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October 15, 2019 @ 13:49 +03:00
Facebook’s proposed cryptocurrency libra has served as an incentive for global central banks to reform and reflect the digital age, the head of Sweden’s central bank has said. “It has been an incredibly important catalytic event to sort of shake the tree when libra showed up out of the blue, and that forced us to think hard about what we do,” Stefan Ingves, governor of the Riksbank, told CNBC’s “Squawk Box Europe” on Tuesday.
“Part of my job is to produce a good/service called the Swedish krona which is convenient to use for Swedish citizens, and if I’m good at that in a technical sense then I don’t have a problem,” Ingves said. “But if I were to start issuing 20-kilo copper coins the way we did in 1668, then we soon would be out of business.”
The Riksbank has been exploring the potential issuance of digital currencies as cash use in Sweden declines dramatically. Many stores in the country don’t even accept physical notes and coins, with signs being put up by multiple retailers to say they don’t let customers pay in cash. The Riksbank is now looking to pilot the so-called “e-krona” currency this year, which it says could be introduced should the bank “wish to do so.”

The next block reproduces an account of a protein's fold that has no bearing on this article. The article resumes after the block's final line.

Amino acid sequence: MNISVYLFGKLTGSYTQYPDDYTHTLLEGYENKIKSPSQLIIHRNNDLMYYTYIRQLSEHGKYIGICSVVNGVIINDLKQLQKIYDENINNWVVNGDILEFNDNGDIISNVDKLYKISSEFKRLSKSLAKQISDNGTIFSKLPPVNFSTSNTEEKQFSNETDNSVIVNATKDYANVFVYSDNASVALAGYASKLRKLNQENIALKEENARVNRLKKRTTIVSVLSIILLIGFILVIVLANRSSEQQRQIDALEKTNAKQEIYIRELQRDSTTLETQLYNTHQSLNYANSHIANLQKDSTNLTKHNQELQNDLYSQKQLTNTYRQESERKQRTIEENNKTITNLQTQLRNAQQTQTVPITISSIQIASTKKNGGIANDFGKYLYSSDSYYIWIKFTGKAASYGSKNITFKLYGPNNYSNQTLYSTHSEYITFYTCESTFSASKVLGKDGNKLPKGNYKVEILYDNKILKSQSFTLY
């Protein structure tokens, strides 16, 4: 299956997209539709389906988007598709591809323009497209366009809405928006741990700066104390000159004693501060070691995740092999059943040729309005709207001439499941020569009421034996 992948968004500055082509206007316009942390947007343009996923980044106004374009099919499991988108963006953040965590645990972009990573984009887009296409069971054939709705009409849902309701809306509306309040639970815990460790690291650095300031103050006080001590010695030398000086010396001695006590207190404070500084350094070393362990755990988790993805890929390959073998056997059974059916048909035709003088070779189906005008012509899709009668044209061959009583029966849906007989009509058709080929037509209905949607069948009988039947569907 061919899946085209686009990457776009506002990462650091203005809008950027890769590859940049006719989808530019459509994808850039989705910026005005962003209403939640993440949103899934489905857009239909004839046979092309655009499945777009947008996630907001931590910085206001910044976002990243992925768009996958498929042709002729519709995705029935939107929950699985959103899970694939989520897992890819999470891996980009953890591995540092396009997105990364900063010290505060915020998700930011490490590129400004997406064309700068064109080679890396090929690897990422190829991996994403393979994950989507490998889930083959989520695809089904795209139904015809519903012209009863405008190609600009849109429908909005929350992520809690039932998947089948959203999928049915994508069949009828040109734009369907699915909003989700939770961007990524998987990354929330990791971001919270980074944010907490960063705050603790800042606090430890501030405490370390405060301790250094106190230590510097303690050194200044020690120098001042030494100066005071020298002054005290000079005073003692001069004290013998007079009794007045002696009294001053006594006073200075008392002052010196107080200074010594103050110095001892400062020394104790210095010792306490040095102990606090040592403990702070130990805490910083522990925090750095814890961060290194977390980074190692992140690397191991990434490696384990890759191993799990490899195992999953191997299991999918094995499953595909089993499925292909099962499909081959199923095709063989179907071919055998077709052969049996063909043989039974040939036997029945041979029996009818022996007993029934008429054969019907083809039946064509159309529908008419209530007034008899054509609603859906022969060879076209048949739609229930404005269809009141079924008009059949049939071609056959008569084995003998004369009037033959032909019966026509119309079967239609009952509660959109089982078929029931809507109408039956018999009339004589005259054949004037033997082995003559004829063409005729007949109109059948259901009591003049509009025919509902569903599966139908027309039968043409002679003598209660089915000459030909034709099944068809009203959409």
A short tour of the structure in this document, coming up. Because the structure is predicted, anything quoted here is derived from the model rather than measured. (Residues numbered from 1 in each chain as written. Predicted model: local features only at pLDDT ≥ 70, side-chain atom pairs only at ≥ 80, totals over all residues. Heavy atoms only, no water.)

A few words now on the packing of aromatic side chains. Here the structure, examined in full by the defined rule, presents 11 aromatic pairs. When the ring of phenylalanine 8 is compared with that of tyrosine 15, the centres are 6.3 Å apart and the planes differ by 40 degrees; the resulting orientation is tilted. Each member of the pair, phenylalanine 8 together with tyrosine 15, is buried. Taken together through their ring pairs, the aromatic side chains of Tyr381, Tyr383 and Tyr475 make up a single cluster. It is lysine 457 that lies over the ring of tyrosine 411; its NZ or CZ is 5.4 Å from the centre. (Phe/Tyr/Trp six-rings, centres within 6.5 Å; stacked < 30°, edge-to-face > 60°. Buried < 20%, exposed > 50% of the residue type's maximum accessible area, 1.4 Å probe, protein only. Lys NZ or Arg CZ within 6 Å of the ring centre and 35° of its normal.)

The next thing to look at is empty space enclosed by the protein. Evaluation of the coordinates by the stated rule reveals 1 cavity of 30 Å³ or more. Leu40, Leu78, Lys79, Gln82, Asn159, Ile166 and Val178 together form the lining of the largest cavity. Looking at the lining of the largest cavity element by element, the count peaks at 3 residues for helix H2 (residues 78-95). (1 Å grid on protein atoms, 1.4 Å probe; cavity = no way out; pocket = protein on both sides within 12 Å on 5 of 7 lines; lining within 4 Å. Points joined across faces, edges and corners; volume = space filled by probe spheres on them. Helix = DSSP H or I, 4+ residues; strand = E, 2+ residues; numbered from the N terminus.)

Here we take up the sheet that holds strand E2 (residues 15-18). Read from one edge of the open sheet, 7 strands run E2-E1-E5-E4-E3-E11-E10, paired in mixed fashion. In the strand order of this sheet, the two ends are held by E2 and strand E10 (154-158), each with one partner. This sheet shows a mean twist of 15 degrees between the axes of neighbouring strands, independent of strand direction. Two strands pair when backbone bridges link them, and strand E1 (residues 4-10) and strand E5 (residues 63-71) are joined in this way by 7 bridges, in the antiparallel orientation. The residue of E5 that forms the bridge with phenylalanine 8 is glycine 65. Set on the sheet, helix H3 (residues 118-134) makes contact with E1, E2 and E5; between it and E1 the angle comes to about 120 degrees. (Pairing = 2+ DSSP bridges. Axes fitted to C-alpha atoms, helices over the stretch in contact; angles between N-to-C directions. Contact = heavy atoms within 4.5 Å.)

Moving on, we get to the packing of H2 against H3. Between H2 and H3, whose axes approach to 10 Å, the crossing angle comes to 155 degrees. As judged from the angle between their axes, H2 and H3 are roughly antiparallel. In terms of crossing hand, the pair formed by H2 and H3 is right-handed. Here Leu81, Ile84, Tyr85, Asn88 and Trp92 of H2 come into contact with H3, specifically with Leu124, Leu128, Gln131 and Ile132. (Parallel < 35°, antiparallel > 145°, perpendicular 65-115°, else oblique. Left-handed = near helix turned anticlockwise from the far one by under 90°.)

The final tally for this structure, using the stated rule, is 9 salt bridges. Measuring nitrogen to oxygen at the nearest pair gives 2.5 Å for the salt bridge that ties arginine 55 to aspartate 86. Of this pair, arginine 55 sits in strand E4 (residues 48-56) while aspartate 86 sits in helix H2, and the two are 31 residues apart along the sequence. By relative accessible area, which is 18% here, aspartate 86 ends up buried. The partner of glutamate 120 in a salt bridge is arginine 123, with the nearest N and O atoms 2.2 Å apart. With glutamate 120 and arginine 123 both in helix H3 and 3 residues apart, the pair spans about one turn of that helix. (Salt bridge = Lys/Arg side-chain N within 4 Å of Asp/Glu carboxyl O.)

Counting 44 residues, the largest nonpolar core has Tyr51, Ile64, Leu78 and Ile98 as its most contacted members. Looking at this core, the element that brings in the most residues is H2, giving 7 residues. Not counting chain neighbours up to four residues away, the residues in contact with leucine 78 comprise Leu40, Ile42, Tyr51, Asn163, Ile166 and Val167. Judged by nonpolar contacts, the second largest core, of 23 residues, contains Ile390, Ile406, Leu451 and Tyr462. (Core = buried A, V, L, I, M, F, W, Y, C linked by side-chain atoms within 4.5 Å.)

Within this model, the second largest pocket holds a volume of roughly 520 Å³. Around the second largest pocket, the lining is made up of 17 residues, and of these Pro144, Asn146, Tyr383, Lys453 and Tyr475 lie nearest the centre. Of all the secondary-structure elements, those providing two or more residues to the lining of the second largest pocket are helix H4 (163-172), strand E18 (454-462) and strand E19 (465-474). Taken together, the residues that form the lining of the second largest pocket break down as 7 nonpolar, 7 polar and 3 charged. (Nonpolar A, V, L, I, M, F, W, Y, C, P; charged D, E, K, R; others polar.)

Other central banks have ramped up their efforts in the digital currency space since Facebook announced plans for its libra coin back in June. China’s central bank for instance has said it is close to launching its own digital currency, while the Swiss National Bank last week said it was exploring the use of virtual currencies in trading.